The last week was terribly busy and I didn’t get to post much, but did manage to finish reading one of the three books I am currently juggling. Asher Intrater’s Who Ate Lunch with Abraham has been a most enjoyable read. I should have expected such, considering the 38 reviews of the book on Amazon average 4.9 stars out of 5!!
My regular readers know that I have had a fascination with The Angel of the Lord appearances in Scripture. As I came into the Messianic/Hebrew roots of the faith, I knew that the Messiah was Yeshua (Jesus), but I initially had trouble putting the pieces of Scripture together because I was suddenly seeing things in Scripture that did not square with my seminary training and Reformed Presbyterian inculcation. So, I set out on a mission…
Yeshua said, “For had ye believed Moses, ye would have believed me: for he wrote of me.” (Jn 5:46) If, indeed, Yeshua was right, then I should be able to find Him throughout Moshe’s writings (Torah).
In my studies I found numerous ways in which the Messiah was manifest in the Tanakh, not the least of which is the Angel of the Lord passages. Intrater has put together a terrific little book that explores not only most of the Angel of the Lord passages, but also delves into multiple other clear manifestations of the visible Elohim. As a Messianic Jew, his book is written to a dual audience from both Christendom and Judaism. It is an interesting fence to straddle considering many Jews struggle mightily with the physical manifestations of Yehovah as Metatron, while Christendom loves the ‘Christophanies,’ they just don’t pursue the thought to identifying who gave the Torah from Sinai.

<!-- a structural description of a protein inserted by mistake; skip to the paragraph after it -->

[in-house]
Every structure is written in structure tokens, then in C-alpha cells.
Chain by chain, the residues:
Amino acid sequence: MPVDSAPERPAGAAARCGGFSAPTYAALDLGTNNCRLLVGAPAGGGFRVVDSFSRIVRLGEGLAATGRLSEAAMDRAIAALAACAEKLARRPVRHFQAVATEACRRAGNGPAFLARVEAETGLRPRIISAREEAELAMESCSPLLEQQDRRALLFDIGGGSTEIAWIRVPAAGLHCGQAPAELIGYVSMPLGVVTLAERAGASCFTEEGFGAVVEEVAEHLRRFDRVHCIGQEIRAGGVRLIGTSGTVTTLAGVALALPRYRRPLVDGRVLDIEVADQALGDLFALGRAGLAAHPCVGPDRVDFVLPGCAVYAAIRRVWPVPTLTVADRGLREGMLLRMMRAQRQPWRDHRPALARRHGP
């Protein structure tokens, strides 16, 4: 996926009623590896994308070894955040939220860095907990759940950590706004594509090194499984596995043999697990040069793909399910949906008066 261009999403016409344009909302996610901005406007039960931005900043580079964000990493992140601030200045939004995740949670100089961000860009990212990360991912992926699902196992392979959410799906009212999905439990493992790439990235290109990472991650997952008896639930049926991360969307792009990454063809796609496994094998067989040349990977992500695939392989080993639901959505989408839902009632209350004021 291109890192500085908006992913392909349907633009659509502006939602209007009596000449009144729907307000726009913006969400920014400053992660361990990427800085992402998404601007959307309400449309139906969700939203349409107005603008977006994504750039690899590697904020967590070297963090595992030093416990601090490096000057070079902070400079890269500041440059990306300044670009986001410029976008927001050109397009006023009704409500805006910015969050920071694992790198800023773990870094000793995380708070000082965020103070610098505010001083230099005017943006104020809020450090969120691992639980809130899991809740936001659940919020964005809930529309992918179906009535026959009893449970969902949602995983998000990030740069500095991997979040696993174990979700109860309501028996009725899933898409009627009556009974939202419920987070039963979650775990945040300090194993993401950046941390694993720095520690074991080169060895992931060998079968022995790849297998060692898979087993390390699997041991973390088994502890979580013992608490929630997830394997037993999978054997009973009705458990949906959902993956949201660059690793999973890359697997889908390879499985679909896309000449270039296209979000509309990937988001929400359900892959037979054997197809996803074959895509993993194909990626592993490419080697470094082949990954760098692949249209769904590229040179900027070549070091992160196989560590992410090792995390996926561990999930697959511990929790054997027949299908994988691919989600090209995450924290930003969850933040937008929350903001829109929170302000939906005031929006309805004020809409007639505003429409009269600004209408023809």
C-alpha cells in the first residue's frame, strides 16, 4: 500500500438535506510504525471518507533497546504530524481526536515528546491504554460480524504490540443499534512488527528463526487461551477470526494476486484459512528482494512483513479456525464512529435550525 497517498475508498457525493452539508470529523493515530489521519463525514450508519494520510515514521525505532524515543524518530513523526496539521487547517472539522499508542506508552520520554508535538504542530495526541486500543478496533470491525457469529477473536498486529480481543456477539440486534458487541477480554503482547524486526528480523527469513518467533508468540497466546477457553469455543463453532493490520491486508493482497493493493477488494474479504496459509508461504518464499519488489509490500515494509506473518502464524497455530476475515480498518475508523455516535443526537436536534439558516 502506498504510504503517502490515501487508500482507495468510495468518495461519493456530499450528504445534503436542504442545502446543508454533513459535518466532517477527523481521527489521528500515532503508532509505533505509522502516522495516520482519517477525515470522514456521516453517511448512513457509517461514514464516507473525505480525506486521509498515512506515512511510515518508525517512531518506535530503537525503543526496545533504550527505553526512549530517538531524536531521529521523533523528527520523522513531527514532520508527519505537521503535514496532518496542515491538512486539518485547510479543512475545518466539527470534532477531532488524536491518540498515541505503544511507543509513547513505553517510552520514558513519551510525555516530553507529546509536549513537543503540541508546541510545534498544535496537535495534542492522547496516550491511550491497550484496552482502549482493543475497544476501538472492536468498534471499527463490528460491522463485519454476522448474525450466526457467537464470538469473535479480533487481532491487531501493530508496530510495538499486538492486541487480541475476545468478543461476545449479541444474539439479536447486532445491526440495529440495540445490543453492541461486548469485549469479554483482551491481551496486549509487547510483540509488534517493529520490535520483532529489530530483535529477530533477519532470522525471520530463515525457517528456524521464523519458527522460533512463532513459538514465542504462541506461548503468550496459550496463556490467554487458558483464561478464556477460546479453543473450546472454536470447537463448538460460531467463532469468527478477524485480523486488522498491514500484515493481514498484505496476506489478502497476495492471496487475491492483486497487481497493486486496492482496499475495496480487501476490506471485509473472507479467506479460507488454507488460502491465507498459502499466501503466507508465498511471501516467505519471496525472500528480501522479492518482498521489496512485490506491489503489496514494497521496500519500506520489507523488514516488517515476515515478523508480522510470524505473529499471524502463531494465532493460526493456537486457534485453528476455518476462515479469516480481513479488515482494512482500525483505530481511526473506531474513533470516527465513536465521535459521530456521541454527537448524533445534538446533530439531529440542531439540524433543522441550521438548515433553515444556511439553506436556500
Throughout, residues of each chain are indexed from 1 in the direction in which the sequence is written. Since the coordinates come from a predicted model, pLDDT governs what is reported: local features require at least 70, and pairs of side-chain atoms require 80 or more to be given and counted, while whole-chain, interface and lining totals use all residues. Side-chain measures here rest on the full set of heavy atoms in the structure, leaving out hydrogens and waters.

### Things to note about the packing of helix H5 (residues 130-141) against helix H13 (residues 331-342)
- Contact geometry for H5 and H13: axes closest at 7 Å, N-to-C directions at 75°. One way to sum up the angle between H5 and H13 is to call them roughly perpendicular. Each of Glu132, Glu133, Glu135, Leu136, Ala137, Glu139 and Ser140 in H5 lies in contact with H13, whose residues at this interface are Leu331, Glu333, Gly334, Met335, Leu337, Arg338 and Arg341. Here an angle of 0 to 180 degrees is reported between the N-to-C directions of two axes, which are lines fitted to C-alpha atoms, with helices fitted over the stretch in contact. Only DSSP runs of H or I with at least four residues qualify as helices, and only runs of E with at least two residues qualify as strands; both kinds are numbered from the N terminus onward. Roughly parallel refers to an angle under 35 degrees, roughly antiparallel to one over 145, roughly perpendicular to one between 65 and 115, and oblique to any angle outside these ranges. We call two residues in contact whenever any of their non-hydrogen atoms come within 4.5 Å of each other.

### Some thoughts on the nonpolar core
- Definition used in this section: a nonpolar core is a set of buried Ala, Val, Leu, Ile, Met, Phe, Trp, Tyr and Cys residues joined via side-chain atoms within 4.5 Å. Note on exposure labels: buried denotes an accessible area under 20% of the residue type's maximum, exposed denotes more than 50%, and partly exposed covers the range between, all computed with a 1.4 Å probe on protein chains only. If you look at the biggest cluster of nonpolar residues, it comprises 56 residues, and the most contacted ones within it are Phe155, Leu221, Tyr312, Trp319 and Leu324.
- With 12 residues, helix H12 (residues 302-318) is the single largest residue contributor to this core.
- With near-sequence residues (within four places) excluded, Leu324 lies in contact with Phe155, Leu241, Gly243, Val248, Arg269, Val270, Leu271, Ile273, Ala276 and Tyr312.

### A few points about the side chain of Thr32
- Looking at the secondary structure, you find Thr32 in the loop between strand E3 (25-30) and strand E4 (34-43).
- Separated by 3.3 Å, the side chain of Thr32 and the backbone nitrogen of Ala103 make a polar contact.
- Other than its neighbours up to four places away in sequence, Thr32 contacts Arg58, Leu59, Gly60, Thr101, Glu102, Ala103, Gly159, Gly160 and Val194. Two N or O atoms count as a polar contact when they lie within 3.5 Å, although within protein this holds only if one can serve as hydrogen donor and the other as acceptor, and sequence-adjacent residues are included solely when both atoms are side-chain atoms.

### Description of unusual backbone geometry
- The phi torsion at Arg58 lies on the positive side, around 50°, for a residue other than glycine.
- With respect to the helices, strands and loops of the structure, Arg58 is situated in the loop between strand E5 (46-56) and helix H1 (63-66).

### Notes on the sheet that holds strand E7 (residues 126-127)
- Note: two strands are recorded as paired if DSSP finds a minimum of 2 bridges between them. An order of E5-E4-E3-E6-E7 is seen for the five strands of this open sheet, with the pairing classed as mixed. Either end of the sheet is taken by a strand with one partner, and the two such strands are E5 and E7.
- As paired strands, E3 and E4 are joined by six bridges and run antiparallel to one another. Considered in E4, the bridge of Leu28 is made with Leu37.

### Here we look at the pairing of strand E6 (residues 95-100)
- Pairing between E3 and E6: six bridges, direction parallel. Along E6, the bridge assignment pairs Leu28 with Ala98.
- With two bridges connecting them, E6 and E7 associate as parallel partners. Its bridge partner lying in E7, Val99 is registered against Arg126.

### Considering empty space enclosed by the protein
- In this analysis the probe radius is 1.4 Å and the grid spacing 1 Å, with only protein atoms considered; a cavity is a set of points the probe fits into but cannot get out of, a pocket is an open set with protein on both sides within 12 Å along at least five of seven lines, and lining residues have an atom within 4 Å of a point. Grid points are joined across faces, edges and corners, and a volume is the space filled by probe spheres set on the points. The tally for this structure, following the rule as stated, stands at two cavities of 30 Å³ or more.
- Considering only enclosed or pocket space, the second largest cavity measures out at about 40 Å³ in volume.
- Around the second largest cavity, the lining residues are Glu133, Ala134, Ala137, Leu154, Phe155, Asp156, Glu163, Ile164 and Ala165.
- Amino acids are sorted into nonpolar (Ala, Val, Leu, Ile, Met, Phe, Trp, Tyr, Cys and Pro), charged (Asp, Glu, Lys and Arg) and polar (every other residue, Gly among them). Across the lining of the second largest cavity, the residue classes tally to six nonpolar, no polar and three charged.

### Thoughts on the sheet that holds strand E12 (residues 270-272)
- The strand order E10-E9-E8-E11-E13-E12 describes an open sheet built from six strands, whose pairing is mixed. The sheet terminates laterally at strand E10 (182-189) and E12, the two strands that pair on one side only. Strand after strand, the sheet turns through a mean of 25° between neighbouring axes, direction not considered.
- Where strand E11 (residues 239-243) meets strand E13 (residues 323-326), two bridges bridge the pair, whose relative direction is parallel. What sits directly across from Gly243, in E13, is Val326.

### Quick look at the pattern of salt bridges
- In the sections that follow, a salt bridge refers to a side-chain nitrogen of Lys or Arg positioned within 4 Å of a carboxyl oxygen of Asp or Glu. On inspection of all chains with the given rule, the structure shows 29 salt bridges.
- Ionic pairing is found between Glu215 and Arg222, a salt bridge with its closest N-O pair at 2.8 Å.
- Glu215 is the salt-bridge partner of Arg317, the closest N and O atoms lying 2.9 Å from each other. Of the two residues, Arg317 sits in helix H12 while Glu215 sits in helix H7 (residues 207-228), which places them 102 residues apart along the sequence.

There is enough meat in Who Ate Lunch with Abraham to satisfy even the seasoned student, but the general tenor is a bit more basic in laying a firm and broad foundation for further study. Besides the Angel of the Lord, Intrater explores other Divine manifestations such as the Captain of Hosts in Joshua, the One Isaiah saw seated on the throne, the man in the fire in Daniel as well as the man with whom Jacob wrestled.
Truly, Intrater and I see eye to eye on a number of things… until, he wandered into a chapter arguing that non-Jews need not be concerned with the civil and ceremonial parts of the Torah. Honestly, this is the one major disappointment in the book, where he essentially pulls out his thoughts on bilateral ecclesiology, something that we, on multiple occasions, have demonstrated to be contrary to Scripture.
As a good primer concerning the physical interactions of The Lord in the Tanakh and how they should be understood, Intrater has a gem. His twelve appendices add much depth and additional information, while still keeping the book under 175 pages. One is left wanting more but with the tools to dig for oneself. I recommend the book highly with the cautious caveat that before you hand it to someone searching that they need a pretty good grasp on the fact that Yehovah has One Standard for all people, not unequal weights and measures.